7. Heyns, P.J., Hamman, W.D. & Smit, E.vdM. 1999. Do share prices fully reflect the
information in accruals and cash flow about future earnings in accruals and cash flow?
South African Journal of Business Management, 30(4), 122 – 130.
8. Steyn, B.W., Hamman, W.D. & Smit, E.vdM. 2002. The danger of high growth combined
with a large non-cash working capital base – a descriptive analysis. South African
Journal of Business Management, 33(1), 41-47.
9. Steyn, B.W., Hamman, W.D. & Smit, E.vdM. 2002. Measuring cash flow flexibility of
companies – the Cumulative Index Difference. South African Journal of Business
Management, 33(4), 41-47.
OBJECTIVES OF THIS COURSE
To enable a student to read, understand and evaluate an Annual Report as well as an Interim
Report of listed industrial companies by concentrating on:
♦ income statement,
♦ balance sheet,
♦ cash flow statement,
♦ changes in equity,
♦ value-added statement,
♦ working capital management
♦ ratio analysis, and
♦ statistical review (especially the 7-year review).
This course will be based on a selection from the prescribed books, articles, notes (supplied
by FFM as we go along) and a few RSA case studies (to be handed out during the course).
We commence with an overview of financial statements with some focus on the cash flow
statement, then calculation of traditional ratios, and then we proceed to evaluate financial
statements. The final test would cover evaluation rather than calculations.
We will use some text book examples (USA) and some actual recent relevant RSA cases in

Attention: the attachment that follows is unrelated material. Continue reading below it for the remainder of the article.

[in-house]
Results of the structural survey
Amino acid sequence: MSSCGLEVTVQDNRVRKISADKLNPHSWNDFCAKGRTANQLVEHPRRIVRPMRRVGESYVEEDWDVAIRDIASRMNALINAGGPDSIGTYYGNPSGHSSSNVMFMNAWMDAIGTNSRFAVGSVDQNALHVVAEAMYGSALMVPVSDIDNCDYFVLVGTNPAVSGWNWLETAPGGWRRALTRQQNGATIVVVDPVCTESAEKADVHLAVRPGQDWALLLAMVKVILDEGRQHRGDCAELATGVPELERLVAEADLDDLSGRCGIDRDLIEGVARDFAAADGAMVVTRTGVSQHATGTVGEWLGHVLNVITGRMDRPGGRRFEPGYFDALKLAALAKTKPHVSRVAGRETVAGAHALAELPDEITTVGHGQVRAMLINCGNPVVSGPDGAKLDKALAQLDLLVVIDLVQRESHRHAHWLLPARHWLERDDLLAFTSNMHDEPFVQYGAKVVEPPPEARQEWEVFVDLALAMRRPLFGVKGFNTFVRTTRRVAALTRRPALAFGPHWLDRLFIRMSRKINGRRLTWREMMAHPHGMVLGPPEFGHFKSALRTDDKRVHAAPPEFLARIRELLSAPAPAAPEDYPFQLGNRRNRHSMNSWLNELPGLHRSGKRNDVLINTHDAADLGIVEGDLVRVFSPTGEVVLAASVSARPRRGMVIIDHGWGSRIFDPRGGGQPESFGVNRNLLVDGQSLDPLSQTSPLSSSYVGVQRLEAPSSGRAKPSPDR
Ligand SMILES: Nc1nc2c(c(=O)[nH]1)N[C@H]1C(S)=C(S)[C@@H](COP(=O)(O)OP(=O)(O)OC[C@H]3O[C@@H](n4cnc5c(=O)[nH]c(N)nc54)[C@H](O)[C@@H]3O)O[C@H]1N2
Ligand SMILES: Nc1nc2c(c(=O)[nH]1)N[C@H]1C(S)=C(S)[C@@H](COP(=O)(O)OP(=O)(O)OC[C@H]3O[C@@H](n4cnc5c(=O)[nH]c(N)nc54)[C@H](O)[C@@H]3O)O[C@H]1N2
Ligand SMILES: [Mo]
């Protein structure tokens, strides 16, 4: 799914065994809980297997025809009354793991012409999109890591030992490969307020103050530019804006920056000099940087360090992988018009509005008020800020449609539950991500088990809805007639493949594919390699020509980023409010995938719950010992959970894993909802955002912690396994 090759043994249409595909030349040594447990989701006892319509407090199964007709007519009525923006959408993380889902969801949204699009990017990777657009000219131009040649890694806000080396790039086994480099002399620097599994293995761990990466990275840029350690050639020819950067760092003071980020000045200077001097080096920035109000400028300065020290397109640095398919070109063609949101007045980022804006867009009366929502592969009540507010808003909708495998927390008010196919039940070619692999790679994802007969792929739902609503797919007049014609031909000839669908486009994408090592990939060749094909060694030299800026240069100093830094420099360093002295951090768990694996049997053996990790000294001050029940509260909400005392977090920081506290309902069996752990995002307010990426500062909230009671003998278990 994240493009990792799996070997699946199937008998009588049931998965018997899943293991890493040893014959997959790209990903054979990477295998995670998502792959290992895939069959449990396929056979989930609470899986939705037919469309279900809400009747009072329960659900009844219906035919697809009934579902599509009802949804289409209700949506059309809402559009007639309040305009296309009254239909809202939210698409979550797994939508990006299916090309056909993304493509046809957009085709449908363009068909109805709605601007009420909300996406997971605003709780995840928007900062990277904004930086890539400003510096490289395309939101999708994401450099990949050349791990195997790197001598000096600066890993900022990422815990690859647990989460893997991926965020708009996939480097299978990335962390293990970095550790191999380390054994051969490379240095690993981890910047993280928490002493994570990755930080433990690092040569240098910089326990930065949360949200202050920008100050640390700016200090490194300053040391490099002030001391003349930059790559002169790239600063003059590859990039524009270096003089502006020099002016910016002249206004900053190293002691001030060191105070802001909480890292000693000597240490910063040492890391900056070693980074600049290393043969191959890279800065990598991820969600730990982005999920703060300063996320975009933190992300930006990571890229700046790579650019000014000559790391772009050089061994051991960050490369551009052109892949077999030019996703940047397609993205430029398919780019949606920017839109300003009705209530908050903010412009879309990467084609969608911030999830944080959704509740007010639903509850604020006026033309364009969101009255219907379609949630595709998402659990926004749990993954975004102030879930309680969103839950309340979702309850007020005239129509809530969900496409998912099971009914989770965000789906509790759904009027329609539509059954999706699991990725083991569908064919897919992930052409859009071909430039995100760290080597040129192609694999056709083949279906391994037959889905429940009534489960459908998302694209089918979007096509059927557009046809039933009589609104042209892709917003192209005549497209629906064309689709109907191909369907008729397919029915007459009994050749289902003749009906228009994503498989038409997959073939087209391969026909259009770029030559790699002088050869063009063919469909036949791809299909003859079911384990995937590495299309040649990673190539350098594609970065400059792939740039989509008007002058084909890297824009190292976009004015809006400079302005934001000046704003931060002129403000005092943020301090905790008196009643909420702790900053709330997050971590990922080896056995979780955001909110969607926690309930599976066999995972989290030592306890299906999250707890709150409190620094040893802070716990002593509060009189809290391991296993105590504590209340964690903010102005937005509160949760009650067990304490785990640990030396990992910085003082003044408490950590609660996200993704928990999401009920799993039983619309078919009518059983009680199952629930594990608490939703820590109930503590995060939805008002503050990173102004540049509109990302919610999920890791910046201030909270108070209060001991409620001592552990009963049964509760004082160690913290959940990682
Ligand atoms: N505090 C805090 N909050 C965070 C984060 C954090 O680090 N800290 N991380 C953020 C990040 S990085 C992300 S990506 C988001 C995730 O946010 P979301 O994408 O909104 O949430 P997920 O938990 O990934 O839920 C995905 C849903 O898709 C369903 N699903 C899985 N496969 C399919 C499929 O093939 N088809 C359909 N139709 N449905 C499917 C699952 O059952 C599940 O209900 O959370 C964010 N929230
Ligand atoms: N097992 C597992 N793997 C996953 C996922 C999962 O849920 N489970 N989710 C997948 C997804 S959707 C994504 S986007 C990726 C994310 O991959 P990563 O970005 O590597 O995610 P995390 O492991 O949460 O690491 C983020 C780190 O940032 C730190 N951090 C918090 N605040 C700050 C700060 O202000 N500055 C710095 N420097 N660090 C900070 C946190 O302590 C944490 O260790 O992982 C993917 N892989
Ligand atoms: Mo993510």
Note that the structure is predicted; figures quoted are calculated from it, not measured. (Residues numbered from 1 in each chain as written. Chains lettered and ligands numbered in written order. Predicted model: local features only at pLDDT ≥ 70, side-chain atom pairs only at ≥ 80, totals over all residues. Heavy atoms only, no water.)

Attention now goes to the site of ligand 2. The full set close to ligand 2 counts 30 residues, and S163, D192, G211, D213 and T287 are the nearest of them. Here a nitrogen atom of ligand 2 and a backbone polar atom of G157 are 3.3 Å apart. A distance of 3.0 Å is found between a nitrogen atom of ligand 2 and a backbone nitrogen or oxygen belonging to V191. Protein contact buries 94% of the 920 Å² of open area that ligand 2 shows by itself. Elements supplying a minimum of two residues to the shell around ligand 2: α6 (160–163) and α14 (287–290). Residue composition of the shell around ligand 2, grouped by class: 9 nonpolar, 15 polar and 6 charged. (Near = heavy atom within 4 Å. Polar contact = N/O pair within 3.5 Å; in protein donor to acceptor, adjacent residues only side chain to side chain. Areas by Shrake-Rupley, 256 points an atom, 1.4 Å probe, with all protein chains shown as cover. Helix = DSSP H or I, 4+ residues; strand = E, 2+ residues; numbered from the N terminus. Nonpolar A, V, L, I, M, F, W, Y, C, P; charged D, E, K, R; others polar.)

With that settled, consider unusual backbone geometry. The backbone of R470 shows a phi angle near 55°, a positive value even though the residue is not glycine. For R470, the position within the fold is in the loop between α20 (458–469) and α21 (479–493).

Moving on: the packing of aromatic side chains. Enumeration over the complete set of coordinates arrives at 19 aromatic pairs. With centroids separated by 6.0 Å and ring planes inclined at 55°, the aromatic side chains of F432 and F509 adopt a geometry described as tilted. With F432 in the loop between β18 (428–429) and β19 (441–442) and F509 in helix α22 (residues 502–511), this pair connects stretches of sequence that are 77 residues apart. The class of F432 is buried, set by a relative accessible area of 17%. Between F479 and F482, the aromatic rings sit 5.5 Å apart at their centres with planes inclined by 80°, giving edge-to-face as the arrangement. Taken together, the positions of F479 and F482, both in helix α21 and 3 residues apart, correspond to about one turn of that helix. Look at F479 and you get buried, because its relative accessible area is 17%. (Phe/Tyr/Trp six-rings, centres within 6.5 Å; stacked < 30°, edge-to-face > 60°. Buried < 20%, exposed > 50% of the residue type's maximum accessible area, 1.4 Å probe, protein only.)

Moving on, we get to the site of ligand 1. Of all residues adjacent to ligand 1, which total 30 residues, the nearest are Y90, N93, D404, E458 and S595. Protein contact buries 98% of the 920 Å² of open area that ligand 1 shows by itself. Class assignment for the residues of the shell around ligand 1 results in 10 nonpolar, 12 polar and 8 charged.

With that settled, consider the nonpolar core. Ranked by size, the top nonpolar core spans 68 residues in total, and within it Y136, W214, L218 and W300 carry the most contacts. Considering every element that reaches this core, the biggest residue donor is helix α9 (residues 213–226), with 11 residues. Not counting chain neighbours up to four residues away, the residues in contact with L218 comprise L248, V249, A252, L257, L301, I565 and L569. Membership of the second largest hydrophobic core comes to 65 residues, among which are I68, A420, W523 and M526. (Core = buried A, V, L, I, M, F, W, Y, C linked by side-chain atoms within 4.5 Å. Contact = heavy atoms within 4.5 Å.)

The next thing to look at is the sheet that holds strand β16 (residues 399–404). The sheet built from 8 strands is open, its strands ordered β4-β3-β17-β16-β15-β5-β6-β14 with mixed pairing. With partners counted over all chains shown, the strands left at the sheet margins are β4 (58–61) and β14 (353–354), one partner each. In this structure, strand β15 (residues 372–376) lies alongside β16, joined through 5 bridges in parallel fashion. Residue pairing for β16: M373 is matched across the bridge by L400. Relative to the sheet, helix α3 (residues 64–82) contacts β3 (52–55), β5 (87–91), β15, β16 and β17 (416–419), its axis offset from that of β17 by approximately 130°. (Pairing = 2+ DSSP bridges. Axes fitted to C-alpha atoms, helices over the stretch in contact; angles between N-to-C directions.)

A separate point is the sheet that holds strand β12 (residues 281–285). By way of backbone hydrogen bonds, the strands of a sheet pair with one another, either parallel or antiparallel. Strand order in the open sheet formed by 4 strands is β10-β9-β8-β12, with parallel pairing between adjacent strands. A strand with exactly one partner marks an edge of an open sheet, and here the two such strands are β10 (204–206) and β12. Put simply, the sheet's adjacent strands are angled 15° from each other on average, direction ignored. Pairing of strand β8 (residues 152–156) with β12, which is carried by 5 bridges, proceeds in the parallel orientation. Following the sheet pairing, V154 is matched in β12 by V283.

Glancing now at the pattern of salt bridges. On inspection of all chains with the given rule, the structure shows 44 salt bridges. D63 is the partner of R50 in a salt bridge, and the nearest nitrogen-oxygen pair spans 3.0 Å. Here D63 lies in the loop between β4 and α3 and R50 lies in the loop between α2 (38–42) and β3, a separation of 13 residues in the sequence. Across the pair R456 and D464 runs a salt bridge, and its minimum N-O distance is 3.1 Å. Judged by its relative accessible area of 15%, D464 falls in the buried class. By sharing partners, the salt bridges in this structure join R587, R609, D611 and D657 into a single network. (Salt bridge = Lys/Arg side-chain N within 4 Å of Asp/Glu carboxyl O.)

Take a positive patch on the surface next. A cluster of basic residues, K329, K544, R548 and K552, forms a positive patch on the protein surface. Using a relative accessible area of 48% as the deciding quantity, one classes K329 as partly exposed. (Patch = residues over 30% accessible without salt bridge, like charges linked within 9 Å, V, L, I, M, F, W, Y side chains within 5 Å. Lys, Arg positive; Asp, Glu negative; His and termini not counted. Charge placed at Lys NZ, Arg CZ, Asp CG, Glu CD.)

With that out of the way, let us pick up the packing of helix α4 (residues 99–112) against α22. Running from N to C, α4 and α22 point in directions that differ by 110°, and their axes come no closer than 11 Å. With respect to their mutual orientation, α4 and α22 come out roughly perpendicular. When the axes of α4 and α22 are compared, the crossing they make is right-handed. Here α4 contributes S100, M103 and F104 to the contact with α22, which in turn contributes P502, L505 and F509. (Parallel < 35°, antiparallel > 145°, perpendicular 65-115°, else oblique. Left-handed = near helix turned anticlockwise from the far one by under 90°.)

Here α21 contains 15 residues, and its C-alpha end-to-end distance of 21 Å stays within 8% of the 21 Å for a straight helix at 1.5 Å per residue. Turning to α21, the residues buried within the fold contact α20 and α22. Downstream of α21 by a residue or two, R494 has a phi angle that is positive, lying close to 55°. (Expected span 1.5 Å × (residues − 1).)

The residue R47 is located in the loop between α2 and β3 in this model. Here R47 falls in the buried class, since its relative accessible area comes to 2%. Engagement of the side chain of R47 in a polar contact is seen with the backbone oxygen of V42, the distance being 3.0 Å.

the course. This approach is more interesting, but probably more difficult. Class attendance
is therefore quite important.
SOURCES OF INFORMATION
This course is practical and is also based on recent South African case studies and / or
examples of the financial reports of listed South African industrial companies. A large
number of the Annual Reports (12 months) and the Interim Reports (6 months) will be
published in the daily newspapers. The bulk will be published in the Business Day. Read the
published reports of companies reporting from now until the end of this course..
Students will find details of telephone numbers, e-mail addresses, Internet addresses, etc. of
all the listed industrial companies in Profile Stock Exchange Handbook (latest edition July –
Students are strongly encouraged to obtain copies of recent Annual Reports of listed
industrial companies either directly from the companies and/or Internet and/or McGregor BFA
and / or Reuters. Do not bother to obtain Annual Reports before 2002. The accounting set-
up has changed a lot from 2000/1 onwards.
The “advertisements” of Annual Reports and Interim Reports appearing in the Business Day
and financial press will cover, inter alia:
• income statements,
• balance sheets,
• cash flow statements, and
• changes in equity statements.
Value added statements and statistical reviews (e.g. 7-year reviews) will not normally be
covered in the financial press - you have to read the Annual Report.
Three sources exist for:
• value added statements
• statistical reviews:
(a) Annual Reports obtained from the various listed companies,
(b) Internet, and
(c) McGregor BFA.
STUDENTS MUST ENSURE THAT THEY ARE ABLE TO USE THE MCGREGOR BFA